# Running Parallel Jobs on JupyterHub in R

JupyterHub offers a multi user environment for running Jupyter Notebooks. Research Computing provides access to a JupyterHub environment with parallel processing support. This tutorial will demonstrate how to use the parallel R package to run simple parallel jobs within the R kernel on JupyterHub.

## Objectives

- Connect to a remote cluster for parallel processing
- Use the parallel package to run jobs

## Dependencies

- parallel
- MASS

## Setup and basic use

First you must connect to a cluster where you will be doing your parallel processing. In this example, we will just be using the cores available on your local machine, but if you are running your job through JupyterHub, you can use any of the RC resources described here.

```
options(jupyter.plot_mimetypes = 'image/png')
options(jupyter.rich_display=FALSE)
library(parallel)
num_cores <- detectCores()
cl <- makeCluster(num_cores)
```

The parallel package contains functions that mirror the base R `sapply`

function. The following example will calculate the square of each number in a sequence in parallel.

```
square <- function(x) {
x^2
}
parSapply(cl, 1:10, square)
```

```
[1] 1 4 9 16 25 36 49 64 81 100
```

## Evaluating expressions in parallel with `clusterEvalQ`

The `clusterEvalQ`

function can be used include R packages into each node of your cluster. More generally, `clusterEvalQ`

evaluates expressions within each node. For instance, let’s say you wanted to simulate draws from a negative binomial distribution using the `rnegbin`

function in the `MASS`

package. To make the function available to each node, `clusterEvalQ`

evaluates the expression `library(MASS)`

on each node:

```
clusterEvalQ(cl, library(MASS))
```

```
[[1]]
[1] "MASS" "stats" "graphics" "grDevices" "utils" "datasets"
[7] "methods" "base"
[[2]]
[1] "MASS" "stats" "graphics" "grDevices" "utils" "datasets"
[7] "methods" "base"
[[3]]
[1] "MASS" "stats" "graphics" "grDevices" "utils" "datasets"
[7] "methods" "base"
[[4]]
[1] "MASS" "stats" "graphics" "grDevices" "utils" "datasets"
[7] "methods" "base"
```

A list is printed with one element per node, showing the packages that are loaded.

While `clusterEvalQ`

evaluates literal expressions on each node, `clusterExport`

can export objects to the global environment of each node. For instance, if we want to have each node generate 1000 samples from a negative binomial distribution, we can do the following:

```
nb_draws <- clusterEvalQ(cl, rnegbin(n = 1000, mu = 2, theta = .3))
str(nb_draws)
```

```
List of 4
$ : int [1:1000] 0 0 0 0 3 0 1 1 8 0 ...
$ : int [1:1000] 0 5 0 1 0 9 1 1 5 1 ...
$ : int [1:1000] 1 0 0 0 3 0 2 0 1 11 ...
$ : int [1:1000] 0 1 0 0 0 1 2 0 0 7 ...
```

Now we have draws from a negative binomial distribution for each node. Let’s visualize the cumulative distribution function (CDF) for each of the samples.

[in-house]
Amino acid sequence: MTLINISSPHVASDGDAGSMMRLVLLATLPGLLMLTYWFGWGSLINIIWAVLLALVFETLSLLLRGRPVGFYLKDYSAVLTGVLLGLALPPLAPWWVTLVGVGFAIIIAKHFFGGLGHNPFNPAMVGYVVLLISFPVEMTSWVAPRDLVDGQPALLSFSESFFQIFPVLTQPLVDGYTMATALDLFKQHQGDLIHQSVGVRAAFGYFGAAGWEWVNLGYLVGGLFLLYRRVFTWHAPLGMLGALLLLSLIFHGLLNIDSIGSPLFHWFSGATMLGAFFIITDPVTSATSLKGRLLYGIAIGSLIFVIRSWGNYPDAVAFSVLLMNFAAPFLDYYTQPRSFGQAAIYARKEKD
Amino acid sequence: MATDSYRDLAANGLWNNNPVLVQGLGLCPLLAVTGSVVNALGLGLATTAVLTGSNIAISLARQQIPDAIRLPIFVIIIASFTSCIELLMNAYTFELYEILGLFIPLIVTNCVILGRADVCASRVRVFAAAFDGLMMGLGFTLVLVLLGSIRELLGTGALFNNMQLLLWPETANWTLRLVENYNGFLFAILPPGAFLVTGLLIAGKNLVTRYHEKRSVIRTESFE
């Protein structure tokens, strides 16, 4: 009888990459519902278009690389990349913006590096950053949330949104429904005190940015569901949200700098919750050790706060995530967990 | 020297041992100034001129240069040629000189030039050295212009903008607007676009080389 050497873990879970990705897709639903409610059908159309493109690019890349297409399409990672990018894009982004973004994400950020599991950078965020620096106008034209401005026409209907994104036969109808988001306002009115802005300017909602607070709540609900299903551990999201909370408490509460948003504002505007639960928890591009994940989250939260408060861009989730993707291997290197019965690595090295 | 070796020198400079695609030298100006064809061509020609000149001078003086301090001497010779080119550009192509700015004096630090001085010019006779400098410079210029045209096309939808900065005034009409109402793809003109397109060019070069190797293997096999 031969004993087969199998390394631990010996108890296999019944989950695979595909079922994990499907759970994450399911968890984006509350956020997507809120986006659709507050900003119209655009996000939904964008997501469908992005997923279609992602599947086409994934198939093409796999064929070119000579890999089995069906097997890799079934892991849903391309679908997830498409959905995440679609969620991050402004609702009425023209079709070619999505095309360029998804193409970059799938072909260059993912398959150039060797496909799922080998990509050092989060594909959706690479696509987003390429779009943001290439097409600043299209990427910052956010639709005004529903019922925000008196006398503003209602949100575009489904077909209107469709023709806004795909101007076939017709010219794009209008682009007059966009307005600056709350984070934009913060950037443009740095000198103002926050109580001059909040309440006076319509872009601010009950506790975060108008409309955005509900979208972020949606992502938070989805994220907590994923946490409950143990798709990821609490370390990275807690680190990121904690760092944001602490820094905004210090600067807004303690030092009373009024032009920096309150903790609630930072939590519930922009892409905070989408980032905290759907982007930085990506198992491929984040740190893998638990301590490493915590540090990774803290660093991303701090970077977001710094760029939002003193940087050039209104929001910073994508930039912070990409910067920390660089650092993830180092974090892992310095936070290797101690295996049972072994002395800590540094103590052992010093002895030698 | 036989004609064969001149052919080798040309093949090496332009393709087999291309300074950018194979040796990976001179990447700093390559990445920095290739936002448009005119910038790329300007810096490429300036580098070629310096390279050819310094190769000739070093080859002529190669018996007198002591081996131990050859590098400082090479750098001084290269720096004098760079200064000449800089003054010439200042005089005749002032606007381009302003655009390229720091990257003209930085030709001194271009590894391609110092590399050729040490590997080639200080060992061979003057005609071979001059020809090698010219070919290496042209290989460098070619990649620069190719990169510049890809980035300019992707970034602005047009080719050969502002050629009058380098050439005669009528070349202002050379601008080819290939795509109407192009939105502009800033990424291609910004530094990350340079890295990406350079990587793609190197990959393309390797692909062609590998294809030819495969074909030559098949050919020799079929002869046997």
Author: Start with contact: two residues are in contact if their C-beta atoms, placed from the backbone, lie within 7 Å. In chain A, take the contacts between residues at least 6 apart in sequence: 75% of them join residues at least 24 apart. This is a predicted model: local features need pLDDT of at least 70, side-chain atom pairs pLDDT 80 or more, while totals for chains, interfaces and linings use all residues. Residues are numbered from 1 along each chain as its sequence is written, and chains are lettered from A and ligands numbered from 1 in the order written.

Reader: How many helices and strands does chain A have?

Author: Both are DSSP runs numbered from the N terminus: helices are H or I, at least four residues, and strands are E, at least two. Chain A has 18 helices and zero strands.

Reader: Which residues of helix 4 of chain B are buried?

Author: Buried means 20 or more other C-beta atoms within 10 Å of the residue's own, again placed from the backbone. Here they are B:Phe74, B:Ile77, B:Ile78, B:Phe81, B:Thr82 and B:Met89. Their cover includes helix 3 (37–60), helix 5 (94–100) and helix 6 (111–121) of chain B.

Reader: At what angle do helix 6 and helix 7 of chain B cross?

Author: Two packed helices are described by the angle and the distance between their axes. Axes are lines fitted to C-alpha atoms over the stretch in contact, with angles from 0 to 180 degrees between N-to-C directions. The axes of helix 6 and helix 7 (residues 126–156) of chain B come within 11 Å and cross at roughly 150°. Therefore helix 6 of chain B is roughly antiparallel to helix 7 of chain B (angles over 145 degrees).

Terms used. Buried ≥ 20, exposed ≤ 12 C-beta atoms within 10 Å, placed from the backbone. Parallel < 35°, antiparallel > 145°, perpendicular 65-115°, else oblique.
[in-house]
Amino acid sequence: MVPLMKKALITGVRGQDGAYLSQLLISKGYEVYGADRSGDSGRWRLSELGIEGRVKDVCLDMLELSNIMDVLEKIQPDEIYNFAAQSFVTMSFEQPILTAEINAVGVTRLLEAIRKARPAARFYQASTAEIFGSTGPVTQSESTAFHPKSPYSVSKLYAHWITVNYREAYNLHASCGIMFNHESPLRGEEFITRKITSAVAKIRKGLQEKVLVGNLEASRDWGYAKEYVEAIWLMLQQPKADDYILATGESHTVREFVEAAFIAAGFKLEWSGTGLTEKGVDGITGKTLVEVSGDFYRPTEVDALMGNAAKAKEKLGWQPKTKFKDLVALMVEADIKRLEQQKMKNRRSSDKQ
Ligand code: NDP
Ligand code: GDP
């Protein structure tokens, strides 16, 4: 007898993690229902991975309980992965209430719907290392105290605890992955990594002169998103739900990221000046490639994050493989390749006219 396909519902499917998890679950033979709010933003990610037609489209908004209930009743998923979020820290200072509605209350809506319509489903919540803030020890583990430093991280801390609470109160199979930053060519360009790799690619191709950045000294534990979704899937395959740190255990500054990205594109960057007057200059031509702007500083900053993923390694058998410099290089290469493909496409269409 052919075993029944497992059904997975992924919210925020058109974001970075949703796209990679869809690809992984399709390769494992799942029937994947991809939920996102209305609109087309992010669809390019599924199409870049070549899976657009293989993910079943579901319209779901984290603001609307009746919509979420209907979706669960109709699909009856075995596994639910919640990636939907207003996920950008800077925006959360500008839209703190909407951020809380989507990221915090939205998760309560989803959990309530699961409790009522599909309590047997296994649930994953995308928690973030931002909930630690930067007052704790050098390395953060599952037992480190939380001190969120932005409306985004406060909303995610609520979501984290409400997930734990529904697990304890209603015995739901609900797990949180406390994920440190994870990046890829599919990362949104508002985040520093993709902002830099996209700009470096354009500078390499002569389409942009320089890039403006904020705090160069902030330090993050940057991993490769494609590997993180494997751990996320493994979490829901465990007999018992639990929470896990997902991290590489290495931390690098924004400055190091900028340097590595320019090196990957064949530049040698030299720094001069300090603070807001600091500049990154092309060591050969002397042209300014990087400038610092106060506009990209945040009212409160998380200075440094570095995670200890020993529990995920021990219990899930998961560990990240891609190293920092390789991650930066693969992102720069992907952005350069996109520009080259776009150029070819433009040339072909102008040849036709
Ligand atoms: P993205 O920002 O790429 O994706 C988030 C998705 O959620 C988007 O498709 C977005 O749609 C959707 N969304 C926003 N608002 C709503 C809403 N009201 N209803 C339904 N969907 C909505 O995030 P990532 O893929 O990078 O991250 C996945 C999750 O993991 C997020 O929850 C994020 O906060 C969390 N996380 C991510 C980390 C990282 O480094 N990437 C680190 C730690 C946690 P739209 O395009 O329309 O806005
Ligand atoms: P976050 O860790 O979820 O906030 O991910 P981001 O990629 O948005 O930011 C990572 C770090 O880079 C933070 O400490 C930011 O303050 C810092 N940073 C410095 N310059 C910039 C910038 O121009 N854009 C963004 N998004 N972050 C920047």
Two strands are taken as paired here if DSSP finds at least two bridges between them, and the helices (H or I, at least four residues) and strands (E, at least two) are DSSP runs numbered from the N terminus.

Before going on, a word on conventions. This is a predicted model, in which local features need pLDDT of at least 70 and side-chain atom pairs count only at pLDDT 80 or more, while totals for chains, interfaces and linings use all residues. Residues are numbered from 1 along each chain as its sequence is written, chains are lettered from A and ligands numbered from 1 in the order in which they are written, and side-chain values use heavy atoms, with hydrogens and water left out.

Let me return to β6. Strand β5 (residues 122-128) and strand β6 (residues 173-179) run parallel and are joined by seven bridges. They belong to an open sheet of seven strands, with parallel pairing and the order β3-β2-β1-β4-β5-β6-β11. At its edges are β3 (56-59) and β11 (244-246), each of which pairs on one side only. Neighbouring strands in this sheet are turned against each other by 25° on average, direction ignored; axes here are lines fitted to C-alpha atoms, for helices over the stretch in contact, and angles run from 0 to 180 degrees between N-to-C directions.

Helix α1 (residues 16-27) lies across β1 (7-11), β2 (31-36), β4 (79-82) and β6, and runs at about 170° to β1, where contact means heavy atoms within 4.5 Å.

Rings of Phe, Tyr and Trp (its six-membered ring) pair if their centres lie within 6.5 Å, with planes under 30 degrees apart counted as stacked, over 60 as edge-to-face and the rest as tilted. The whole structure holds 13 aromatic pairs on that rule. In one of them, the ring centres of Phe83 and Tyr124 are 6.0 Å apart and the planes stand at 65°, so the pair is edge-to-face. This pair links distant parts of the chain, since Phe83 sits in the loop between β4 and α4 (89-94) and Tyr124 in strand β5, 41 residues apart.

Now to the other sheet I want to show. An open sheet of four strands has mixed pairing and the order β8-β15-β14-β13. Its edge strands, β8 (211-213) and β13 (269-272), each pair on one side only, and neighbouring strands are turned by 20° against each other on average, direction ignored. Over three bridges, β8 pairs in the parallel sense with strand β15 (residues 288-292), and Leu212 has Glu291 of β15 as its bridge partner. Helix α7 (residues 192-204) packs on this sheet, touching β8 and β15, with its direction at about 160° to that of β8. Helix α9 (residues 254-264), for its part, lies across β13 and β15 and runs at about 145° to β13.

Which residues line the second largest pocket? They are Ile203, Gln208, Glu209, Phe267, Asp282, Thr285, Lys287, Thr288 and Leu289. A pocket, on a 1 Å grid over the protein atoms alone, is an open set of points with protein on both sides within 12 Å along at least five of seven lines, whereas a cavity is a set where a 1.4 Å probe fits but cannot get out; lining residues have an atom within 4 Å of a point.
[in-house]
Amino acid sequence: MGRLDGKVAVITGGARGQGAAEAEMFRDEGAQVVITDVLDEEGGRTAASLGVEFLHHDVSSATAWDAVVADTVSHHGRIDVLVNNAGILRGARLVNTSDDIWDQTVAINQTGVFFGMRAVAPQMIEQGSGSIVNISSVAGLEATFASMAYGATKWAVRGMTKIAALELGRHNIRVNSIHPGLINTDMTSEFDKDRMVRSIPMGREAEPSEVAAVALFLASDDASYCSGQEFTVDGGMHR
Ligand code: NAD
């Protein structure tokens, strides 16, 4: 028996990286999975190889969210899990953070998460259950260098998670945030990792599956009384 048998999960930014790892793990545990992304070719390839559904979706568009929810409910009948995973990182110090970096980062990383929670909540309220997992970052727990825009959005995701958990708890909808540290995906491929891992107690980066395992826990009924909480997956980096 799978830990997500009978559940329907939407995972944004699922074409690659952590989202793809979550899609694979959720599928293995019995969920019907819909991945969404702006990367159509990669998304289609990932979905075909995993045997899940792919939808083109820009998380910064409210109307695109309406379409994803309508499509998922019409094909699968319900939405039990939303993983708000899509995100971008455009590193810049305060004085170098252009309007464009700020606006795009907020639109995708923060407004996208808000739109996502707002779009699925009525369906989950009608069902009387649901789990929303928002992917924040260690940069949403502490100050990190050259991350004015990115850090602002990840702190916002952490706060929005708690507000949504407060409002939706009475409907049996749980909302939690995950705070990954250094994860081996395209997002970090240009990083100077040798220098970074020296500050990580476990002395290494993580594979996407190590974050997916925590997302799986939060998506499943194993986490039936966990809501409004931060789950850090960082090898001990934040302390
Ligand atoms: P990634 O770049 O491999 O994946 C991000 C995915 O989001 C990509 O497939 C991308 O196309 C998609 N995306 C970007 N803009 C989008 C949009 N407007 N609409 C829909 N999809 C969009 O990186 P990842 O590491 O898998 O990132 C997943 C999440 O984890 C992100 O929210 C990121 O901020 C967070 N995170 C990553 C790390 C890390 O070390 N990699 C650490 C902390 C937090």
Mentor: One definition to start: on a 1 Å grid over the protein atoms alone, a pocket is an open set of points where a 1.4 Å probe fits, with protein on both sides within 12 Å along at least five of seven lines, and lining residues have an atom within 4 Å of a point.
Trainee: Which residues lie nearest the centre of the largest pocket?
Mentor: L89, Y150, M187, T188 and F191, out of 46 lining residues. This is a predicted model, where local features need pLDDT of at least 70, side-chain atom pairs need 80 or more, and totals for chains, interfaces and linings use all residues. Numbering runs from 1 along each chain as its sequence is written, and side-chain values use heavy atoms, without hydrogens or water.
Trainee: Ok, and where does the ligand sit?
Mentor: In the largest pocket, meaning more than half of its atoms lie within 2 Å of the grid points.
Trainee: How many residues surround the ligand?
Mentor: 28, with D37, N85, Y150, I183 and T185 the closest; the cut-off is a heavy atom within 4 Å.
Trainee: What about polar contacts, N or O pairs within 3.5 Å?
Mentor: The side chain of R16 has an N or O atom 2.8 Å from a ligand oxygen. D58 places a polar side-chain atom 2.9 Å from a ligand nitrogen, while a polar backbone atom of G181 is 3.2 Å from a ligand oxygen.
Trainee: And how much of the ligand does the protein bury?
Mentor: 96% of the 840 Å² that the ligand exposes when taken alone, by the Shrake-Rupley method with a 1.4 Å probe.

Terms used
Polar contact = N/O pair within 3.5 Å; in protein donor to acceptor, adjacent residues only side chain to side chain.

```
plot(ecdf(nb_draws[[1]]), main = 'CDF: negative binomial samples')
for (i in 2:num_cores){
plot(ecdf(nb_draws[[i]]), add = TRUE, col = i)
}
core_seq <- 1:num_cores
legend('right', col = core_seq,
legend = paste('Node', core_seq),
pch = 19, bty = 'n')
```

## Parallel versions of `lapply`

and `sapply`

with built-in and custom functions

If we have a list of values, we can apply functions to the elements of the list in parallel using `parSapply`

or `parLapply`

. With our list `nb_draws`

, we can calculate a sample means for each set of draws by applying the `mean`

function over the list of simulations.

```
parSapply(cl, nb_draws, mean)
```

```
[1] 2.082 1.825 2.120 2.085
```

Let’s compare the time it takes to do these operations 10000 times in serial vs. in parallel. In this case, we’re calling a user defined function `get_nb_mean`

.

```
get_nb_mean <- function(i = NULL, pars) {
# i is a dummy argument
# unroll parameters
n <- pars[1]
mu <- pars[2]
theta <- pars[3]
# draw a sample and compute the mean
x <- MASS::rnegbin(n, mu, theta)
mean(x)
}
n_replicates <- 10000
pars <- c(n = 1000, mu = 2, theta = .3)
# serially
system.time({
serial_vals <- replicate(n_replicates, get_nb_mean(pars = pars))
})
# in parallel
system.time({
par_vals <- parSapply(cl, 1:n_replicates, get_nb_mean, pars = pars)
})
```

```
user system elapsed
2.089 0.020 2.120
user system elapsed
0.006 0.001 0.567
```

With four cores working in parallel, these operations are about 3.5 times faster! (Though we might expect 4x speed improvements, there is overhead associated with the parallel operations that prevents a full 4x speedup).

Note that in our custom function, we specified a dummy argument `i`

which is never used inside of the function definition. This is still useful however as a means for implementing a parallel version of the `replicate`

function, because we can apply our function over a vector of integer values (in this case `1:n_replicates`

), but the value of `i`

has no effect on the output of `get_nb_mean()`

. For large iterative simulations applied over clusters, the `iterators`

package can also be used.

Once you have finished, run the `stopCluster`

function to free up resources.

```
stopCluster(cl)
```

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